Sloane won his 20th Best In Show on September 24, 2022. He and Joanne are
Irish Water Spaniels belong to the Sporting Dog group. Although not a very popular breed, it is a breed with great history. They have been bred for a job that requires them to have the stamina to tirelessly retrieve waterfowl in all sorts of weather. They are energetic dogs that need to have some form of outlet and exercise. All Irish Water Spaniels require a fair amount of exercise. If you're looking for a couch potato or a dog that is happy just hanging out in the back yard, this is not the breed for you. An hour or so, every day, of any age-appropriate, fast paced activity should be sufficient to keep your dog happy and well conditioned. Good daily activities include a brisk walk, retrieving, swimming, hiking, etc. They also love to participate in all family activities. However, the best activity for an Irish Water Spaniel is any activity that uses their mind and makes them think. Obedience, hunting, agility, tracking, nose work, or problem solving games will challenge an Irish Water Spaniel and keep them very happy.
We recommend that anyone who purchases an Irish Water Spaniel enroll in a basic obedience/manners class and teach the dog a reliable sit, stay, down and come. You must also teach your dog to walk on a leash without pulling. They are very strong and it is not fun being dragged around by them. It is critical that you teach the basics to have a happy and well-mannered family member. All Irish Water Spaniels require a lot of socialization as a puppy and young adult and this is absolutely critical. IWS will go through a couple of fear periods including 8-13 weeks and one from about the age of 8 -15 months. It is critical during these stages that they receive positive experiences to develop into a well adjusted adult. Your breeder should be able to give you specific information on how best to socialize your IWS.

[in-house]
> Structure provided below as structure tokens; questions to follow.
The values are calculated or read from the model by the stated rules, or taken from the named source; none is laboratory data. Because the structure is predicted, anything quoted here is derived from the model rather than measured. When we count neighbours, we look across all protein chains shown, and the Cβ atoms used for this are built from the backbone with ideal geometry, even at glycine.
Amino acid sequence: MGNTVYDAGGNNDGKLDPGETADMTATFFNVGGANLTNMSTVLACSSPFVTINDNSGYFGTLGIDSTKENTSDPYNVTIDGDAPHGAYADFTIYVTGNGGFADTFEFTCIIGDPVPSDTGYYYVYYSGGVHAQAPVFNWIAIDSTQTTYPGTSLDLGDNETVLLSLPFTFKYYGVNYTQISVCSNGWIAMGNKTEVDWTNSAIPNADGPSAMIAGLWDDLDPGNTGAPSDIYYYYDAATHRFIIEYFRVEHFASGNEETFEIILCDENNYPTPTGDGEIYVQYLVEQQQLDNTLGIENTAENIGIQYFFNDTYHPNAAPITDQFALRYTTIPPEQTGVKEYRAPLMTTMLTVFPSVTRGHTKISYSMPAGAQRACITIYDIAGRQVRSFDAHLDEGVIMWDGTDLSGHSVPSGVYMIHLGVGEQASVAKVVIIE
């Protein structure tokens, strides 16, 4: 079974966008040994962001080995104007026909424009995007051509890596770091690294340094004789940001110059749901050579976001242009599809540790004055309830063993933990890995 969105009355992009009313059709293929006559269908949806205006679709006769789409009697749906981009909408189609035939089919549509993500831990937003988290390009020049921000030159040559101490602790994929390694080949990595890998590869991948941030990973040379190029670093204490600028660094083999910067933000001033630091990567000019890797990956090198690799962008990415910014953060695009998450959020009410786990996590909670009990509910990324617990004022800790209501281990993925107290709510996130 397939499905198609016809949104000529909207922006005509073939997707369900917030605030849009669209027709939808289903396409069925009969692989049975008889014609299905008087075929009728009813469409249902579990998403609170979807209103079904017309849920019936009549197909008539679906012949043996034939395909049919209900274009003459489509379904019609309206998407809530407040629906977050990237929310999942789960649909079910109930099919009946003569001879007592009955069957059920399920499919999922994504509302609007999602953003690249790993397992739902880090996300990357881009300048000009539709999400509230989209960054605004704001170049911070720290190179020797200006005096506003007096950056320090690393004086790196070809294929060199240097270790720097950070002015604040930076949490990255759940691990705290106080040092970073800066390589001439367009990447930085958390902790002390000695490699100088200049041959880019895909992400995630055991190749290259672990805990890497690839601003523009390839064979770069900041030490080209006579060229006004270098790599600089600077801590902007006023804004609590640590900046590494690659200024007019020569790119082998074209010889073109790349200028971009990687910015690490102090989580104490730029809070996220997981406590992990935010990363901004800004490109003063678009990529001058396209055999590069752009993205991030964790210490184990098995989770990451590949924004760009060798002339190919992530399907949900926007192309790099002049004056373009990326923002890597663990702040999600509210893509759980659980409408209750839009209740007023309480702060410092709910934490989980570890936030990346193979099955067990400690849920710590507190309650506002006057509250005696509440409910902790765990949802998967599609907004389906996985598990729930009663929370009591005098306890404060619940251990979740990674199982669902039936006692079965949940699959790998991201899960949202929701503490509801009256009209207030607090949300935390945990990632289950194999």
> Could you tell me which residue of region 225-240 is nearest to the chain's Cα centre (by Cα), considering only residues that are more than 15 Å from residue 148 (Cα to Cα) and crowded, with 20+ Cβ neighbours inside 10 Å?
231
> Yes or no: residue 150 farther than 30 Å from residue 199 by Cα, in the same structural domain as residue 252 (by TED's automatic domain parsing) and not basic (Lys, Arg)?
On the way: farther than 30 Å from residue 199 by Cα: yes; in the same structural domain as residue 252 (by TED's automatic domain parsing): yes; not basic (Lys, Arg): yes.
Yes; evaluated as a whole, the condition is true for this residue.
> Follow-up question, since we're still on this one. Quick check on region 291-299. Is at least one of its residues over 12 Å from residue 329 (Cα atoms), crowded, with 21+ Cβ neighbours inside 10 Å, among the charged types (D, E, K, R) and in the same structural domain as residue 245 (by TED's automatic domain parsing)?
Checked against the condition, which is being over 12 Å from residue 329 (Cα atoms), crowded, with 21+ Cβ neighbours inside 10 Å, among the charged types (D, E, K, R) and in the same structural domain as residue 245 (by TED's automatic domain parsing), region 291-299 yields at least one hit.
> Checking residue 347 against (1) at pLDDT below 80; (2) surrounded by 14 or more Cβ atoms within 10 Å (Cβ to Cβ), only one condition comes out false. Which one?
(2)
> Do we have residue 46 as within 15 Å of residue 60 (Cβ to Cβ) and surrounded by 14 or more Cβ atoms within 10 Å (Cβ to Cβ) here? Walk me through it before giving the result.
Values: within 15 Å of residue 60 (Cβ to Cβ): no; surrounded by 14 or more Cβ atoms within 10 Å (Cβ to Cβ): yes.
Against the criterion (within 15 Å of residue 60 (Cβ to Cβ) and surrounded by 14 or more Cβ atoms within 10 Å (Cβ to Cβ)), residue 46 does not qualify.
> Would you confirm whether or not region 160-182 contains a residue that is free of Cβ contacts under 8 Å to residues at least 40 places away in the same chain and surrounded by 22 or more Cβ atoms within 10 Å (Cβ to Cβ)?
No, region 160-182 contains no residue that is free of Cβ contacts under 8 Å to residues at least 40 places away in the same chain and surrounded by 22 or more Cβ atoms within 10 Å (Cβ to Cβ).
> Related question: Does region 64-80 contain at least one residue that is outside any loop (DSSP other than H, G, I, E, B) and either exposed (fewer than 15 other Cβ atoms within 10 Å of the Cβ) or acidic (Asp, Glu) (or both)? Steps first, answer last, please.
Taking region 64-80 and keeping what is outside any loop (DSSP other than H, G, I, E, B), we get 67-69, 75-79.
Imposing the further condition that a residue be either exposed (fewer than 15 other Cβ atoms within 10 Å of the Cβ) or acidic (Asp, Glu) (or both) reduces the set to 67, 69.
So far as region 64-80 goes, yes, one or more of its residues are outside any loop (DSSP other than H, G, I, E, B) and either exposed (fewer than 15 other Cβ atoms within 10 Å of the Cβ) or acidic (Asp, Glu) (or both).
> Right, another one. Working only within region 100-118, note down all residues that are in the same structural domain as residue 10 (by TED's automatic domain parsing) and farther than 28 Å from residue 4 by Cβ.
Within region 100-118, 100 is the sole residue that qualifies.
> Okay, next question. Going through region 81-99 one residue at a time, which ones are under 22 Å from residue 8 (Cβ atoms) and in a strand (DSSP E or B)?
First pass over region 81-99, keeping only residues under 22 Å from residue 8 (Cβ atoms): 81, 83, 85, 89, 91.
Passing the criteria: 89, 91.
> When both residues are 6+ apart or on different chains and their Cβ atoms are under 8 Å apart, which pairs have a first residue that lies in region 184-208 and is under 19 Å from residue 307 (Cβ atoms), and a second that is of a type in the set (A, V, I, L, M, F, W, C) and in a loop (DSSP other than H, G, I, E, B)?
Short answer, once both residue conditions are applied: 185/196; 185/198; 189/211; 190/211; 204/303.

Irish Water Spaniels are a heavily coated breed and as such require regular grooming. They should be thoroughly brushed at least once a week with a brush or comb. They should be bathed and trimmed every 4-6 weeks in order to keep the coat in good condition. Keeping a dog in show coat requires additional grooming and care. A good breeder will provide instructions as to how best care for your dog's coat. Whether a pet trim or show coat, maintenance is important.